Ahmed Mater's Kaaba (2015). The artist is the director of the Misk Art Institute in Saudi Arabia
© Ahmed Mater
The murder of the dissident Saudi journalist Jamal Khashoggi forced the West to re-evaluate its optimistic view of Crown Prince Mohammed bin Salman (MBS) as the man to lead the Kingdom out of the Middle Ages towards the liberal light. The “Davos in the desert” business conference was shunned by many of its star Western participants and the cultural world has reacted in turn. Among the many responses, on 18 October, Columbia University cancelled a talk with the leading Saudi artist Ahmed Mater, head of the Misk Art Institute, based in Riyadh, founded in 2017 by MBS to train young Saudi artists, both men and women, in the visual arts and digital creativity.
But this is not the moment to let what happened in the Istanbul consulate rebound on young Saudis. Shocking as it has been for us, it is devastating for those who hoped, briefly, that they had a ruler who cared about them and who would allow them more freedom to think and to interact with the rest of the world.
We publish here the words of Stephen Stapleton, one of the founders of the Saudi art scene and of the Edge of Arabia artistic platform. They were spoken on 13 October at the launch of his Arab Art & Education programme of events and exhibitions in New York (although this began under the auspices of Misk, Misk suspended its foreign programme two months before the Khashoggi outrage and now gives the programme only 15% of its funding, the other 85% coming from non-Saudi sources).
There is great fear now within Saudi Arabia, with even stricter self-censorship than before. Saudi artists and thinkers will have to be yet more careful in their creativity, which has always had to be veiled and encoded but nonetheless managed to express their longing for the freedom to speak about their lives and for the young of the country (around 51% of the population is under the age of 25). They have stood up to both the fundamentalist religious leaders and the heavy weight of the house of Saud. They are the future hope of the Kingdom and they deserve our support.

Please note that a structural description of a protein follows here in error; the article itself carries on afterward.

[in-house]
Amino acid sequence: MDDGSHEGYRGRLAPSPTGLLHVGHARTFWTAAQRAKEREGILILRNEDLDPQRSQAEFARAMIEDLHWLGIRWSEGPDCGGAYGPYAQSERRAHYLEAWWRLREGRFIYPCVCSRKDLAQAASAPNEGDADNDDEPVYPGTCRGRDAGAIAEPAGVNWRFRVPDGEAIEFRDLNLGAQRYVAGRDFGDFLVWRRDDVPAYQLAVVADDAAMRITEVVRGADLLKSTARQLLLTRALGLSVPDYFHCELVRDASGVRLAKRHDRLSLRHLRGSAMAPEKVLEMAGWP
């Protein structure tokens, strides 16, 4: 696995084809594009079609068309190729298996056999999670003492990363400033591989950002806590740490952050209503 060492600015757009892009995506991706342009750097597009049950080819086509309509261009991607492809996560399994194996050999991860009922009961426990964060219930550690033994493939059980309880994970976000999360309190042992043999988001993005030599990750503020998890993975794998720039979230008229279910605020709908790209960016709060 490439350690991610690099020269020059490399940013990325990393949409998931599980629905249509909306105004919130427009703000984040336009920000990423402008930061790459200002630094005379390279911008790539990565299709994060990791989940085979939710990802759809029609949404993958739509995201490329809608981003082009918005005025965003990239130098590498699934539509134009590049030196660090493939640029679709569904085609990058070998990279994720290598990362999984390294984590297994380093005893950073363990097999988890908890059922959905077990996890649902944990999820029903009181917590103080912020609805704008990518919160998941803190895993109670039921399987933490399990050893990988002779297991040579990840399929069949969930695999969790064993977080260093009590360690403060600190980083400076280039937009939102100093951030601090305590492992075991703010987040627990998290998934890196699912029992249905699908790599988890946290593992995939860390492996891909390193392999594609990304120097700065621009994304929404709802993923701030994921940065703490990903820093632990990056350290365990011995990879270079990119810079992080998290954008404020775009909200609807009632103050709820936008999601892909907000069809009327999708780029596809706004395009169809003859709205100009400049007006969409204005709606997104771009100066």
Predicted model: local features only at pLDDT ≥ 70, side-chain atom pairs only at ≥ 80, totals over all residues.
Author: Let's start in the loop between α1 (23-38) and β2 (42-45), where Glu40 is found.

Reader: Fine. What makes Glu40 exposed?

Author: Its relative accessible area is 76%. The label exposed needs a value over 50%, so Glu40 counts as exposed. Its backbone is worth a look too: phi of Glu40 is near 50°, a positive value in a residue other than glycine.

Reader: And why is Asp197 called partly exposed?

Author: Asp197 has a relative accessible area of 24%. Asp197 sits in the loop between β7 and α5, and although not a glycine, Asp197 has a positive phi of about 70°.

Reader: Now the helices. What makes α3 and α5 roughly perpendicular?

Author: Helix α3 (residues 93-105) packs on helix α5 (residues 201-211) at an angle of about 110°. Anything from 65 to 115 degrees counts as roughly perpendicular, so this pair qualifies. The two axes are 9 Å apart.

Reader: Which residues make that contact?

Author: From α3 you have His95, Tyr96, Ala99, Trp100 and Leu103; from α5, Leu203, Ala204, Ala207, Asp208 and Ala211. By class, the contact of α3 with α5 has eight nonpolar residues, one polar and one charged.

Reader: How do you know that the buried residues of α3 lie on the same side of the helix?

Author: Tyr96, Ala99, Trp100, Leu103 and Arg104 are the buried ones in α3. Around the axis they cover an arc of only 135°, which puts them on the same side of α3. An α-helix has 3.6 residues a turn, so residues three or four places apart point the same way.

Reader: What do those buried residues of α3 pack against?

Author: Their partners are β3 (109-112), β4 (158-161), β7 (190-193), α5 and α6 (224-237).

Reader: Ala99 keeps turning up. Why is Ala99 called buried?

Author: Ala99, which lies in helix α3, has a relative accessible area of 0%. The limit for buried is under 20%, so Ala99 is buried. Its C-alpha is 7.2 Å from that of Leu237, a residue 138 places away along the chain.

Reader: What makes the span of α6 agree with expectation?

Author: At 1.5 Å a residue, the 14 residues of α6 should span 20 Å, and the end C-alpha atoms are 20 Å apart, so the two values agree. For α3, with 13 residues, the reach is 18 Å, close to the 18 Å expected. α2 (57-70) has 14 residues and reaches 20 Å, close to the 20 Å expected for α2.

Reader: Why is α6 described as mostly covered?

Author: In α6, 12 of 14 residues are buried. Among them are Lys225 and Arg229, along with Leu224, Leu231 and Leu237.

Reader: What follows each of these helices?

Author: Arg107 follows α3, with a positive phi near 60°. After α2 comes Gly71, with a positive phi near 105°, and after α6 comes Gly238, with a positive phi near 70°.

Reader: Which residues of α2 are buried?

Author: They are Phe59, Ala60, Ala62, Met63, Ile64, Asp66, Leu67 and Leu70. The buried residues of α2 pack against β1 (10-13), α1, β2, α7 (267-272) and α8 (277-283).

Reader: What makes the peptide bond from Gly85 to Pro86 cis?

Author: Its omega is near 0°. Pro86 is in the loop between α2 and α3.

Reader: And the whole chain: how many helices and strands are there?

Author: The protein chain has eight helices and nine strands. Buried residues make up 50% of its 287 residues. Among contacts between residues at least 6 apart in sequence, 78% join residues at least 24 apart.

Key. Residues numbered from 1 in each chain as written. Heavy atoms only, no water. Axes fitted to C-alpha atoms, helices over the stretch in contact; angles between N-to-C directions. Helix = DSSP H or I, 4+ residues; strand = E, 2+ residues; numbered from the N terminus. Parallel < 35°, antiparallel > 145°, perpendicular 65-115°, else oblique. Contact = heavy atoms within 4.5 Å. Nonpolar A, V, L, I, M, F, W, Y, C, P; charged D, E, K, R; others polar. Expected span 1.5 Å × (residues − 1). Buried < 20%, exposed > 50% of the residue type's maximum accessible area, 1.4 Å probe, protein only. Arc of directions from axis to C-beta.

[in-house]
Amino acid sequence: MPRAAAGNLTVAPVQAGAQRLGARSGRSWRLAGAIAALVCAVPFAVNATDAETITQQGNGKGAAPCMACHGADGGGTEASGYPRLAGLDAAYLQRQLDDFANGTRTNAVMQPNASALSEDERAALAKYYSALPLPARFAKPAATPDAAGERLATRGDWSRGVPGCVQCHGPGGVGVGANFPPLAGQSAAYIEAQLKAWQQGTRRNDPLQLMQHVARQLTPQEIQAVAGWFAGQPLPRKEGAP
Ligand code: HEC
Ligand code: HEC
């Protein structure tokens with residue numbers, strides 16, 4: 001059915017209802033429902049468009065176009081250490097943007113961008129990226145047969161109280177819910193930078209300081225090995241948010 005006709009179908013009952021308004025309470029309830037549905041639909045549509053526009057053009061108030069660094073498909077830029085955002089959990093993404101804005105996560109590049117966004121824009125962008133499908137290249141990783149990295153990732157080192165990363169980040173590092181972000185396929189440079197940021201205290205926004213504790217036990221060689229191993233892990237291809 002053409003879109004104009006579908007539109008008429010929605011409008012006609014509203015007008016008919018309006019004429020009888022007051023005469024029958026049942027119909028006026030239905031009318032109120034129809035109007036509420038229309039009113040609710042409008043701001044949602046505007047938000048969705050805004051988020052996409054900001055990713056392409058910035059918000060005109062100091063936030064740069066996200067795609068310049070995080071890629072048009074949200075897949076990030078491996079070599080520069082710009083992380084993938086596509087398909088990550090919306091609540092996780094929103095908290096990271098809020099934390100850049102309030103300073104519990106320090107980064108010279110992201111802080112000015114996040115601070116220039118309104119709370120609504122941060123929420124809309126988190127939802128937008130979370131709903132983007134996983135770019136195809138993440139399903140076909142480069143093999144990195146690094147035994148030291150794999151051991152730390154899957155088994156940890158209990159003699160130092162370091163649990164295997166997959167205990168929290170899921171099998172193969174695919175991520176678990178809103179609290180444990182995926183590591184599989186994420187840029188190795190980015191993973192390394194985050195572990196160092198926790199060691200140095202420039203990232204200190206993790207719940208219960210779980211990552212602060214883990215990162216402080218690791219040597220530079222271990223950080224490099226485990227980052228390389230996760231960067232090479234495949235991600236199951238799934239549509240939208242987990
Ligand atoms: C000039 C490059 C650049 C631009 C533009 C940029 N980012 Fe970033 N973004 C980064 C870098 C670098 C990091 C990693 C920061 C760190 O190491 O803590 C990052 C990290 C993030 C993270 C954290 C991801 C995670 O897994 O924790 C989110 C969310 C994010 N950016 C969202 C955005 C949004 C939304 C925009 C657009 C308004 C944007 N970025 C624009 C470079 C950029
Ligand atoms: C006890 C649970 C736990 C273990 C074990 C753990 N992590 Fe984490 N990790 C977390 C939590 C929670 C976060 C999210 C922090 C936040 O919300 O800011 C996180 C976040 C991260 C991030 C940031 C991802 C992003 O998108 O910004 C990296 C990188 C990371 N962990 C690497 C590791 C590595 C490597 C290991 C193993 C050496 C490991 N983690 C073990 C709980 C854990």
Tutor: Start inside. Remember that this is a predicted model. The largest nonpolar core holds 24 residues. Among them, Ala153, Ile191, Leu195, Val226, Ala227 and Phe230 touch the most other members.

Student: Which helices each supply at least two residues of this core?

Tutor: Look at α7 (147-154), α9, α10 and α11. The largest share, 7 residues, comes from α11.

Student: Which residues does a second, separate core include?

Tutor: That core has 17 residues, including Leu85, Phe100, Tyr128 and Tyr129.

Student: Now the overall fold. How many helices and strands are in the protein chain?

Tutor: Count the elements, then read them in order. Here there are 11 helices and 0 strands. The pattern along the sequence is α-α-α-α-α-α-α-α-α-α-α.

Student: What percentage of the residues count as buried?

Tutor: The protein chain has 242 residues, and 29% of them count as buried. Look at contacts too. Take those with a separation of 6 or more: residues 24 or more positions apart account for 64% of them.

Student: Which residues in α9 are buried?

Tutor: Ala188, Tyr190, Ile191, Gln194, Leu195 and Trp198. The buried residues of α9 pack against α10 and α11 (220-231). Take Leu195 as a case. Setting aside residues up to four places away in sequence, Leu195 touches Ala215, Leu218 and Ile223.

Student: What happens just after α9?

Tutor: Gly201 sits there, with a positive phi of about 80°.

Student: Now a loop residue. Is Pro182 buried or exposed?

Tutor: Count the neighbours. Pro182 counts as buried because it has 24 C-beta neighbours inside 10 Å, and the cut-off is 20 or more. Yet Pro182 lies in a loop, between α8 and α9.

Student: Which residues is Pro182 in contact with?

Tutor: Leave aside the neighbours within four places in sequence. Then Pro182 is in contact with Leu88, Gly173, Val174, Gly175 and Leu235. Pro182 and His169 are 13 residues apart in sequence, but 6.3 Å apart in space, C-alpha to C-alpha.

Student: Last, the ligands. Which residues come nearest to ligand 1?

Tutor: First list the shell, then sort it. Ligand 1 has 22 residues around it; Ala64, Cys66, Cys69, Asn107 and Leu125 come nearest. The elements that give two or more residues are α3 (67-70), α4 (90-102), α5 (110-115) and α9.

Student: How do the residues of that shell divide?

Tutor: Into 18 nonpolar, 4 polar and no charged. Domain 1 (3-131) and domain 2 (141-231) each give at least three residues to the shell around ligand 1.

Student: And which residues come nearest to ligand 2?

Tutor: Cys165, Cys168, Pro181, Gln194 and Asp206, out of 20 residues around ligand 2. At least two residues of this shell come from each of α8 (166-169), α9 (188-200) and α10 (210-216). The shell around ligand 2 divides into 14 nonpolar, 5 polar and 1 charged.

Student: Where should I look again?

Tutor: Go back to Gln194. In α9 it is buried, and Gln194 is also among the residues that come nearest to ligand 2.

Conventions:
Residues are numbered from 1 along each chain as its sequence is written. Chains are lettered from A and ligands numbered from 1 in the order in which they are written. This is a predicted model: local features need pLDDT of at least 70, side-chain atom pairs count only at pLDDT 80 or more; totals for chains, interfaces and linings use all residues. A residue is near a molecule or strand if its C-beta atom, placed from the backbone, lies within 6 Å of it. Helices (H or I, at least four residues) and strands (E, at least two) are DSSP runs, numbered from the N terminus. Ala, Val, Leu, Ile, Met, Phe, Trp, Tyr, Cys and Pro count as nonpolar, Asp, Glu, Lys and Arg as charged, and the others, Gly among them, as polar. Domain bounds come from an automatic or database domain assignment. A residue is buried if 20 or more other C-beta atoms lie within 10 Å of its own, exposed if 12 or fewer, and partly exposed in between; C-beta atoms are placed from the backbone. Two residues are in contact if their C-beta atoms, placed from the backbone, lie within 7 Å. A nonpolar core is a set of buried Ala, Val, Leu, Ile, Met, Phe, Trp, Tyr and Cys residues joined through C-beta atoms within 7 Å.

• Anna Somers Cocks is the founding editor of The Art Newspaper
Stephen Stapleton remembers the early, hopeful days of Saudi art and Khashoggi
“This has not been an easy [time] to launch the Arab Art & Education initiative… as many of you might have read in the news, we have been under some pressure to postpone or cancel this programme in light of the terrible news about Jamal Khashoggi, and our organisations long-term connections with Saudi Arabia. It has been especially hard since many of us in the team organising this particular event knew Jamal or his family personally. His children are part of a community of artists and designers with which we regularly collaborate.
Recent events prompted memories of my first visit to Saudi Arabia, in 2003, during an artists journey across the Middle East, where Jamal was one of the first people I met. I had crossed the border from Yemen on a public bus and was dropped off under the light of a neon palm tree in the city of Abha and then driven by taxi to the headquarters of Al Watan newspaper; at that time, Al Watan, edited by Jamal, was one of the most progressive newspapers in Saudi Arabia. I remember that he showed me around the offices and printing presses and then drove me to the Al Meftaha Arts Village, where I was introduced to Ashraf Fayadh [now serving an eight-year sentence for “blasphemy”], Abdulnasser Gharem and Ahmed Mater, artists with whom I would later establish Edge of Arabia. My encounter with that extraordinary community of artists, poets and journalists was set against the first days of the last Gulf war and many of our conversations revolved around the role of the artist when faced with such fear and conflict.”
• Stephen Stapleton